Some parents who speak multiple languages wonder whether teaching more than one language to their child will confuse their child or delay speech and language development. The fact is that children can learn two languages with practice, and learning another language will not cause or worsen speech or language problems. The American Speech and Hearing Association (ASHA) states that children who are bilingual follow a similar language development trajectory as monolingual children, but there are some normal deviations during bilingual language development:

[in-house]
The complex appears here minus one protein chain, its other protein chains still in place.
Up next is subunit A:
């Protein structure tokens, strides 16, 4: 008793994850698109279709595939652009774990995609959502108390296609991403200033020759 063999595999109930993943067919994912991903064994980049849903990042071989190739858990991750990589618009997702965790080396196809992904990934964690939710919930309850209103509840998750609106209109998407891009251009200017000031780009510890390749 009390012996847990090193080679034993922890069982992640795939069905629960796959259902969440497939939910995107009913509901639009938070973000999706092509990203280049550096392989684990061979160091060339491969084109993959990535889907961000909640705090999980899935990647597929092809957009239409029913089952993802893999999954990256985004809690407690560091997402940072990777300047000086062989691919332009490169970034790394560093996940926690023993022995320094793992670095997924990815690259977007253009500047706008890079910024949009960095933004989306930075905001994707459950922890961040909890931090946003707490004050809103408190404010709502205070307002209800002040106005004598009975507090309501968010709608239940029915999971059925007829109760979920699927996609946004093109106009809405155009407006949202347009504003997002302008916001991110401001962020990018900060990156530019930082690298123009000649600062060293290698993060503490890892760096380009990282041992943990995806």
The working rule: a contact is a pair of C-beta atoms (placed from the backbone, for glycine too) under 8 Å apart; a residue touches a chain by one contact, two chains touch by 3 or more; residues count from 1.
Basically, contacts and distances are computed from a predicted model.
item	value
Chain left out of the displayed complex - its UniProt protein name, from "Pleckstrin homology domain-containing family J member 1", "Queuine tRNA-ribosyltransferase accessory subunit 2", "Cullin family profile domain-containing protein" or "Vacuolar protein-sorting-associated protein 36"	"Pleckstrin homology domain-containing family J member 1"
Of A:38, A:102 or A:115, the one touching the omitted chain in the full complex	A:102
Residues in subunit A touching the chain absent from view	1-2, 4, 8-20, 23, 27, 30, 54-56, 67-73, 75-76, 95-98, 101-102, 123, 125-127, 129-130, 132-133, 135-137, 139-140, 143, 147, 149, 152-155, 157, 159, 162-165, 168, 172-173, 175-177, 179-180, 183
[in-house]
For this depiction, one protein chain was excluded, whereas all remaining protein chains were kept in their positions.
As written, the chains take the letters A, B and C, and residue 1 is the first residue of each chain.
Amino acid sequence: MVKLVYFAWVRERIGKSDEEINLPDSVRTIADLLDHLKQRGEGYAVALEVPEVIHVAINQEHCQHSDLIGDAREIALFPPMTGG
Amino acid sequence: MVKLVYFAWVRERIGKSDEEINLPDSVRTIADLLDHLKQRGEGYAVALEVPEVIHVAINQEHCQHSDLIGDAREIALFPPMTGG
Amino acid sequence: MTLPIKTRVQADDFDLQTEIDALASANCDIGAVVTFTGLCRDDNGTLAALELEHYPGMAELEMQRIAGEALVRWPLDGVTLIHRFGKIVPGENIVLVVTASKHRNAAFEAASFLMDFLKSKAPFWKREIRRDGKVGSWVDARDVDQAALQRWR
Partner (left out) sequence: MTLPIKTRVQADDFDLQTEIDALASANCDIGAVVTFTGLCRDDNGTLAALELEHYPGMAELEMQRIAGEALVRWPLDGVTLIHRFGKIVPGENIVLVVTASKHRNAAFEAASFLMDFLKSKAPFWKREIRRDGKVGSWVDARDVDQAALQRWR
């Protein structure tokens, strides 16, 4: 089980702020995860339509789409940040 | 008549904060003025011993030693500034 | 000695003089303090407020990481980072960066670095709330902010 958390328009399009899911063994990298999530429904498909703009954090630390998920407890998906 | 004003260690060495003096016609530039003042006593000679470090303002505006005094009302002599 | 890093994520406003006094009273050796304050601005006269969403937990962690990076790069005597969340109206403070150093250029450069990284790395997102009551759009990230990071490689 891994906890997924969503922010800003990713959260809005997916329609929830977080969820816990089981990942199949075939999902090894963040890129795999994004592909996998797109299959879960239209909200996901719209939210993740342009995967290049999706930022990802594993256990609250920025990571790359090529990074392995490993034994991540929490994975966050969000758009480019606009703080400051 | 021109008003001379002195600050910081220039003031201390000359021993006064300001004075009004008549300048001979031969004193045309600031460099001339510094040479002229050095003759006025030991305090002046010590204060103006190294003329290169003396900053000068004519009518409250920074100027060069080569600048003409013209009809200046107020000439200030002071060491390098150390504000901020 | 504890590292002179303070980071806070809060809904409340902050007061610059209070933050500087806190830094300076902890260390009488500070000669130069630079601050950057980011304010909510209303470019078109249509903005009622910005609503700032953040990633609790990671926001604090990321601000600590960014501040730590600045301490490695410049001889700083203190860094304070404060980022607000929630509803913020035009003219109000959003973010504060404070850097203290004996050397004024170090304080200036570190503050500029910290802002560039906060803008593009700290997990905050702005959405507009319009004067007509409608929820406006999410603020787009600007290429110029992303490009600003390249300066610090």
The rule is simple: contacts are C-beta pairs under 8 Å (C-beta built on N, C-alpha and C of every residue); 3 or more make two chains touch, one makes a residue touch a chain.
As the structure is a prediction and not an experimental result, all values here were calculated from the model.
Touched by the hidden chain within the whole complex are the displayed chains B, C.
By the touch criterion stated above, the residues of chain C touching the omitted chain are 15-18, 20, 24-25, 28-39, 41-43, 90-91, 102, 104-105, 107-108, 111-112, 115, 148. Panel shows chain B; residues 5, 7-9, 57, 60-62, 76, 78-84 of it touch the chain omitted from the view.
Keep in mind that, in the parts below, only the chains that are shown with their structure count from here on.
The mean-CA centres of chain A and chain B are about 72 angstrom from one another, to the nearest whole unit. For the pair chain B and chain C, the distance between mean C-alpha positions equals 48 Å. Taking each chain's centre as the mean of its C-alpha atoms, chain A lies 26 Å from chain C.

- The child may not talk as much, or go through a “silent period,” when they start using a second language. This can last several months.
- The child may mix grammar rules of both languages in the same utterance.
- The child may use words from both languages in the same utterance.
These are normal parts of bilingual development. However, if communication challenges persist in both languages (i.e., abnormal milestones, grammar errors in the first language, word finding challenges, decreased total vocabulary) he or she may need support from a speech-language pathologist.
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